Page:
So April’s cake is a little late to the party. I promise I made it April. It’s just that I got a little distracted with prepping for vacation, enjoying lots of wine and then telling you all about it. Suddenly it’s May. But I think you’ll forgive me, because I’ve come bearing Snickerdoodle Cake.
Before you get too excited, I have to say that this cake is good but not great. (Maybe there’s a theme to this week…) The icing, however, is ridiculous. When I tasted it I immediately told Hubster that I could smear it on just about anything and eat it. The real disappointment for me was the cake. It was nearly flavorless. I’m going to blame that on a lack of vanilla extract. When you review the recipe you’ll notice that vanilla extract is prescribed in the ingredients for the cake. Sadly, the original recipe I was following didn’t ever call for it in the instructions.
Cut to me dividing the batter into the cake pans and realizing that there was still a bottle of vanilla sitting out. I briefly contemplated stirring the vanilla into the batter, but realized it was too far gone to attempt. I’ve amended the instructions, which leaves you with two choices. You can make the cake described below and come back and tell me if it was more than a tasteless vessel for the spicy icing, or you can add some cinnamon to the near perfect cake recipe laid out for the Cookie Dough Layer Cake. The choice is yours.
As for me, I’m moving on to May’s cake and thinking it needs to be jammed full of strawberries…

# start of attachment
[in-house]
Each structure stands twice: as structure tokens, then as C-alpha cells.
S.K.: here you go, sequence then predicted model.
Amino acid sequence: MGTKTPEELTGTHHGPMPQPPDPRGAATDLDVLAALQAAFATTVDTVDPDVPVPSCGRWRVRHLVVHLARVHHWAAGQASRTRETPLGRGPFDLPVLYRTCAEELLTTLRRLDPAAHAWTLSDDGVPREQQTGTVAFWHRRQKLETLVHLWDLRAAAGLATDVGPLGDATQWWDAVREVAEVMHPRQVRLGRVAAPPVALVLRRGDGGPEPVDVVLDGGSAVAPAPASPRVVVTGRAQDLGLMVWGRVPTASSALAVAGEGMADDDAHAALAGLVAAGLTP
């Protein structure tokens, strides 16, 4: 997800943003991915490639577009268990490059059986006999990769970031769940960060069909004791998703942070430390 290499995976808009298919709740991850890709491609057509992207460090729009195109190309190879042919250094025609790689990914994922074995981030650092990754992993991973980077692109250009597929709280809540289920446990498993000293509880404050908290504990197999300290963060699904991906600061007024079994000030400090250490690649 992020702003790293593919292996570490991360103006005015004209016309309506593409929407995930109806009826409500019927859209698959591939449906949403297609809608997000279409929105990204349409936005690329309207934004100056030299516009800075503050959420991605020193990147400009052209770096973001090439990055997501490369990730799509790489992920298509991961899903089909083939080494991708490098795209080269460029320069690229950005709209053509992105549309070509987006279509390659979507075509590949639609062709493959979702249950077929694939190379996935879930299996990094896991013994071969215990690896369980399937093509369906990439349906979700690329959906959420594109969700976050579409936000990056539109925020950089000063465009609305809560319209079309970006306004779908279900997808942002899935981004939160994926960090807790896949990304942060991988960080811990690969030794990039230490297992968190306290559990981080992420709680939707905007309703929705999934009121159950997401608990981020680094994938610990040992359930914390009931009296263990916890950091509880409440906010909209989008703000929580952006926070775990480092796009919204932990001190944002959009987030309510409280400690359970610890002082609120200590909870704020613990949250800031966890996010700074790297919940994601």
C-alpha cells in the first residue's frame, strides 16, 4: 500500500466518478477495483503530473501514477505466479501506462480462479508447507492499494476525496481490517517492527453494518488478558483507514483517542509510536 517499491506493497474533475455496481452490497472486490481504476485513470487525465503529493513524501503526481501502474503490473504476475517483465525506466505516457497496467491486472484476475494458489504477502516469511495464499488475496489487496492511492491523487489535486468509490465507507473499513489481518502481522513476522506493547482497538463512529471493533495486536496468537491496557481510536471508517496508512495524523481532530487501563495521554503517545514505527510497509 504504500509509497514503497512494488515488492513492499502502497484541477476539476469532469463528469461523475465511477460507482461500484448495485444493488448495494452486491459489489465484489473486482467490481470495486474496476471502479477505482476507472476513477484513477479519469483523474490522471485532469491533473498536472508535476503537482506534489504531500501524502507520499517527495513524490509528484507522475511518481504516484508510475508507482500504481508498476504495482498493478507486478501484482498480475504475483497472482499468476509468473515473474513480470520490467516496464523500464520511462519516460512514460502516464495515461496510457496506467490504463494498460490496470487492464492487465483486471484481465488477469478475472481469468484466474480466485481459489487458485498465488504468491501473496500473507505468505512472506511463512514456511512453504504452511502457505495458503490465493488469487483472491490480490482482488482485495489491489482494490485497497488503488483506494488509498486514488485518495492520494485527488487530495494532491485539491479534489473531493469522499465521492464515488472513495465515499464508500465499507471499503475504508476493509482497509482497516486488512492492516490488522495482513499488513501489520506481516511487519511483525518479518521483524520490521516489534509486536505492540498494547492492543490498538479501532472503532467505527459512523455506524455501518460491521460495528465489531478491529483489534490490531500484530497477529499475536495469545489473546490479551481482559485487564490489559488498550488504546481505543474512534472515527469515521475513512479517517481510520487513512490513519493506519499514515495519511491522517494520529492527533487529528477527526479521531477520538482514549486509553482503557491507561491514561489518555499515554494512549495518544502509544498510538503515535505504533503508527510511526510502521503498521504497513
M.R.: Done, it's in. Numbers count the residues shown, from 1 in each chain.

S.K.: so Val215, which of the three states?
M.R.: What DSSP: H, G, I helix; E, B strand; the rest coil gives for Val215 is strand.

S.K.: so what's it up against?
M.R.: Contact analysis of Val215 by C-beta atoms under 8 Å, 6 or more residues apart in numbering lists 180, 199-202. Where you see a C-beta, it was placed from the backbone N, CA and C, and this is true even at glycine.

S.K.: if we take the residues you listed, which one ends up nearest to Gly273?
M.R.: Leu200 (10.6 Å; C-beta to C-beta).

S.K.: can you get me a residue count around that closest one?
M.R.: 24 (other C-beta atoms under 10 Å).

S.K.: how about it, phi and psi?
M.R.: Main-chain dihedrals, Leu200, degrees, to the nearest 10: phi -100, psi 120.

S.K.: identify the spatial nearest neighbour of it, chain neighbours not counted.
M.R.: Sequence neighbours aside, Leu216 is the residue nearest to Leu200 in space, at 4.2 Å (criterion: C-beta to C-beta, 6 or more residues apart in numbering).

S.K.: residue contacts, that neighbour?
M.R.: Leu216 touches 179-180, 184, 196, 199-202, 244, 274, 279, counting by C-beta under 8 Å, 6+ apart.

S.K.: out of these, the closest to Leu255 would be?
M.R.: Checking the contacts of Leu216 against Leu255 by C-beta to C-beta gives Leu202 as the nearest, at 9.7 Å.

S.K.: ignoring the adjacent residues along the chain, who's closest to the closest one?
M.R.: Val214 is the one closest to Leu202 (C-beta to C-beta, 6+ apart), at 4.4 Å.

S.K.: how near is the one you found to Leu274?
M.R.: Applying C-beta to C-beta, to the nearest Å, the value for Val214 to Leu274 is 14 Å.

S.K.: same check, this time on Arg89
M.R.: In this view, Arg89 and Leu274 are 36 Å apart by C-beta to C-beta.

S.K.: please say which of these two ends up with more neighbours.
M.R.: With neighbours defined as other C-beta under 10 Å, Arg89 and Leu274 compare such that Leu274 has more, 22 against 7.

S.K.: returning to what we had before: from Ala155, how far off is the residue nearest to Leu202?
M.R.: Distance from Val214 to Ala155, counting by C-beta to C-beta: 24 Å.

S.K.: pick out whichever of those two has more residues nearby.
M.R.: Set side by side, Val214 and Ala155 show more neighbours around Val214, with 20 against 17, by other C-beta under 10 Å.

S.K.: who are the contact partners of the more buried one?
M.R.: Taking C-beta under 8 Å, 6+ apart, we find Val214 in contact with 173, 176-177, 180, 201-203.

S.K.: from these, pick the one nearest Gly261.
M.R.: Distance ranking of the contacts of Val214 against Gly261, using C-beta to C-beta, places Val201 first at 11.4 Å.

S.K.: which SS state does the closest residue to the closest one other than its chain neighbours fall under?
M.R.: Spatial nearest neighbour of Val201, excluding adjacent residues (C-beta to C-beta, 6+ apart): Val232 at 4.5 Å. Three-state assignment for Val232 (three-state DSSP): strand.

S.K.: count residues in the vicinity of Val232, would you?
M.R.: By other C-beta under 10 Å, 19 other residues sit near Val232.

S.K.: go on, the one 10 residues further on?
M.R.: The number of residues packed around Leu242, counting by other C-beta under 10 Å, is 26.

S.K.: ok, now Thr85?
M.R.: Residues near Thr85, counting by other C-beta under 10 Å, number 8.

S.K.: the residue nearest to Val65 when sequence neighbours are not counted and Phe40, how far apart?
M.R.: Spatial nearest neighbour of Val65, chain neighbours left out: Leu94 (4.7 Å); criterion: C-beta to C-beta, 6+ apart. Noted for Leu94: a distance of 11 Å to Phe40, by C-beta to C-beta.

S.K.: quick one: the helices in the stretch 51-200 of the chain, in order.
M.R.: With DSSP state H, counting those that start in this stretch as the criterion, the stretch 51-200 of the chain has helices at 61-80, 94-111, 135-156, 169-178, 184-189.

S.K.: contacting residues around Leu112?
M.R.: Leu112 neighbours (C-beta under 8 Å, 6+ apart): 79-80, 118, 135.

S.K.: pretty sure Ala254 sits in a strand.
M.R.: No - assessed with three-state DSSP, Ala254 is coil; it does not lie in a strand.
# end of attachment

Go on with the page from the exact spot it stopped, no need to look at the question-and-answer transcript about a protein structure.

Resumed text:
Modified from A Bit of Bees Knees Snickerdoodle Cake
2 sticks butter
1 ¼ cups milk
4 large eggs
3 cups all-purpose flour
1 Tbsp baking powder
½ tsp salt
1 Tbsp ground cinnamon
1 ¾ cups fine or superfine sugar
1 Tbsp vanilla extract
4 ½ sticks butter
1 cup light brown sugar, packed
2 tsp ground cinnamon
8-9 cups powdered sugar
1 tsp vanilla extract
½ cup of half and half, plus more if needed
Optional: Whole cinnamon sticks for garnish
Set 6 ½ sticks of butter, 1 ¼ cups milk and 4 large eggs on the counter and let them come to room temperature.
Preheat oven to 325°F. Butter and flour two 8-inch cake pans. Whisk together flour, baking powder, salt and cinnamon. Set aside. In a stand mixer, cream together the butter and sugar until fluffy. Beat the eggs in one at a time, fully incorporating each egg and scraping down the bowl between each addition. Stir the vanilla into the milk. Then add about 1/3 of the milk mixture to the sugar mixture, beating to incorporate. Add 1/3 of the flour, again beating to incorporate. Repeat this process, scraping down the bowl as necessary, until all of the milk and flour are added and mixed in evenly. Divide the batter evenly between the two pans and bake for about 35 minutes or until the cake tests done. Let the cakes cool in the pan on a rack for 5 minutes before turning out onto the racks to finish cooling.
For the icing, beat together the butter, brown sugar and cinnamon until fluffy. Add 6 cups of the powdered sugar and the vanilla extract and beat, starting on low and moving up to high, until it is fully incorporated. Scrape down the bowl and add the half and half. Beat to incorporate again. Add another 2 cups of the powdered sugar and beat, starting on low and moving up to high, until fully incorporated. Check the consistency of the buttercream. If it needs to be thicker, add the remaining confectioner’s sugar. If it is too thick, add more half and half a teaspoon at a time, beating after each addition, until it reaches the consistency you like.
Level the cooled cakes and cut each into two even layers. Place one layer on a cake plate then add a layer of buttercream, spreading to the edges and evening out as you go. Repeat with the remaining layers. Frost the top and sides of the cake with the remaining buttercream. If desired, garnish the top of the cake with whole cinnamon sticks. Cover and refrigerate for at least an hour before slicing. Store leftovers tightly covered in the refrigerator.